Without a doubt, the superlative early voting effort by Democrats and allied groups is largely responsible for Democrat Liz Mathis’ landslide victory over Republican Cindy Golding. Although the results are still unofficial and precinct-level demographics are not yet available, sufficient detail exists to draw some preliminary conclusions from the early reporting.
The reported absentee split tells the story, with Mathis garnering 71.56% to Golding’s 27.79%. As of 8 Nov, the returned absentees broke down as follows:
She’s (Mathis) taking 15% of the GOP vote from Golding, while losing only 9% of the Democratic vote.
the adjusted figures are 3765 Democratic and 2041 Republican. Noting that Golding received only 2106 actual votes by absentee suggests that the independent vote broke overwhelmingly for Mathis, even if PPP’s estimates are not accurate for early voting. This supports the early observations made here of not just elevated Dem absentee turnout relative to 2010, but of a robust independent response as a result of Dem efforts, particularly in the precincts that skew younger.
The PPP poll put Mathis at 52% with a 6 pt advantage over Golding. One possibility for the conservative estimate is that perhaps the poll did not capture sufficient younger voters judging by the age breakdown found in the poll’s internals. I found the structure of the voter screen problematic, given the importance of early voting in this election.
they pulled a list of voters who had voted in at least one of the last three general elections, and the call script began by asking respondents to “hang up now” if they were not planning to vote on Tuesday.
Voters in the district surely were inundated by GOTV contacts, so it’s not difficult to imagine that the response by an early voter to “hang up now if you do not plan to vote on Tuesday” would be to do exactly that, rather than thinking “oh, they must also mean have I already voted?” The precinct-level demographics will ultimately reveal whether Dems and independents enjoyed a boost in under-35 voting relative to 2010. The absolute domination by Mathis of the early NP vote as compared to PPP’s estimate of an underwater 45%-50% performance, suggests a significant youth component, the demographic most receptive to her campaign, during early voting. I also suspect that Dems captured a greater share of the crossover vote during early voting, almost certainly better than 15% estimated for total turnout.
As predicted, the GOP fell short of 2010 early voting performance by a considerable amount. Ignoring the small contribution from split Cedar Rapids precincts, the partisan performace relative to 2010 is as follows:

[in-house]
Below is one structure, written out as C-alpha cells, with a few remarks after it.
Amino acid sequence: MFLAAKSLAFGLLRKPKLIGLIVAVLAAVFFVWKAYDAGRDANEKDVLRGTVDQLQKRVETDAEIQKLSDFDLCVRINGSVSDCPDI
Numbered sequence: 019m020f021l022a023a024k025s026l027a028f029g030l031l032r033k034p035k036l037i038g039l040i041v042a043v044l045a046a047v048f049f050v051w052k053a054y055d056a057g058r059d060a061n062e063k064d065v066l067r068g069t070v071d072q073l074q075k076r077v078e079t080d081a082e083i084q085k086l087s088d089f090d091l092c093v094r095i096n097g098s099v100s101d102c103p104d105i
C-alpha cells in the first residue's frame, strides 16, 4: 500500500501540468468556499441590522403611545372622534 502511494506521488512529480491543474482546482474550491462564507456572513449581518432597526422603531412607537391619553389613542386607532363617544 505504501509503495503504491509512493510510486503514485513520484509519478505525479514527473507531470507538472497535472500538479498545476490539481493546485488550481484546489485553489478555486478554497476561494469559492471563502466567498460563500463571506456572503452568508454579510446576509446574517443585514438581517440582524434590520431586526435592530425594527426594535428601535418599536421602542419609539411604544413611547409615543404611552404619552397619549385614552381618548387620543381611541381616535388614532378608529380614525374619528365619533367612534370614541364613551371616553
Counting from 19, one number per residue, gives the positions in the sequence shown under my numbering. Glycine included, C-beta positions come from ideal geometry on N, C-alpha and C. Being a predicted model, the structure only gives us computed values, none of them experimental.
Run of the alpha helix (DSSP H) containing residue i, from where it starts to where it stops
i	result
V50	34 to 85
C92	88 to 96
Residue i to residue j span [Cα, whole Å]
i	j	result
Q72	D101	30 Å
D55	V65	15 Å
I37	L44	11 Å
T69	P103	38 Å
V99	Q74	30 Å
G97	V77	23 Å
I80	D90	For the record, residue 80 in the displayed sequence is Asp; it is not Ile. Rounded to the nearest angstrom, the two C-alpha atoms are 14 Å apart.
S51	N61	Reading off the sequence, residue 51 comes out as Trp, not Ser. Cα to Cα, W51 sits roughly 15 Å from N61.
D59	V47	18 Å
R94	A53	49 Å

Total turnout in this special election is approximately 80% of 2010 turnout. If Dem and NP early voting had tracked 2010 performance, the GOP effort would actually be in line with their 2010 performance as well. This suggests that ascribing the breakdown to “depressed” GOP turnout is perhaps less relevant than crediting the performance of the Dem early voting campaign, which put the election out of reach for Golding.
It is interesting to note that the early voting fraction this time was about one third as compared to one quarter in 2010, while the actual number of early voters is almost the same but with very different partisan distribution. When statistical demographics become available, the question of how to allocate reduced GOP enthusiasm vs unexpectedly high Dem early voting turnout will be answered.
Below are the election day results by precinct. The second figure is a more detailed view of the heavily populated area of the district, which includes Marion. Republican Cindy Golding prevailed in the election day match-up 50.95% – 48.36%.
Senate district 18 polling day results
Polling day results in the Cedar Rapids suburbs
There are few surprises. North Marion tends to vote more Republican than South Marion. Hiawatha 1 is routinely more blue than Hiawatha 2, and the same holds for Cedar Rapids 46 vs. Cedar Rapids 47. Robins, Liz Mathis’ home precinct, is a Republican stronghold. One could almost say that the overall split reflects the lean of the district, and that was the problem for Cindy Golding. No surprises on Election Day meant no opportunity to overcome the formidable early voting advantage accrued by the Democratic team. The overall partisan split by precinct will be estimated when the precinct-level demographics are available. Unfortunately, election offices are only required to report absentees results by precinct (instead of a central absentee precinct) for gubernatorial and presidential contests.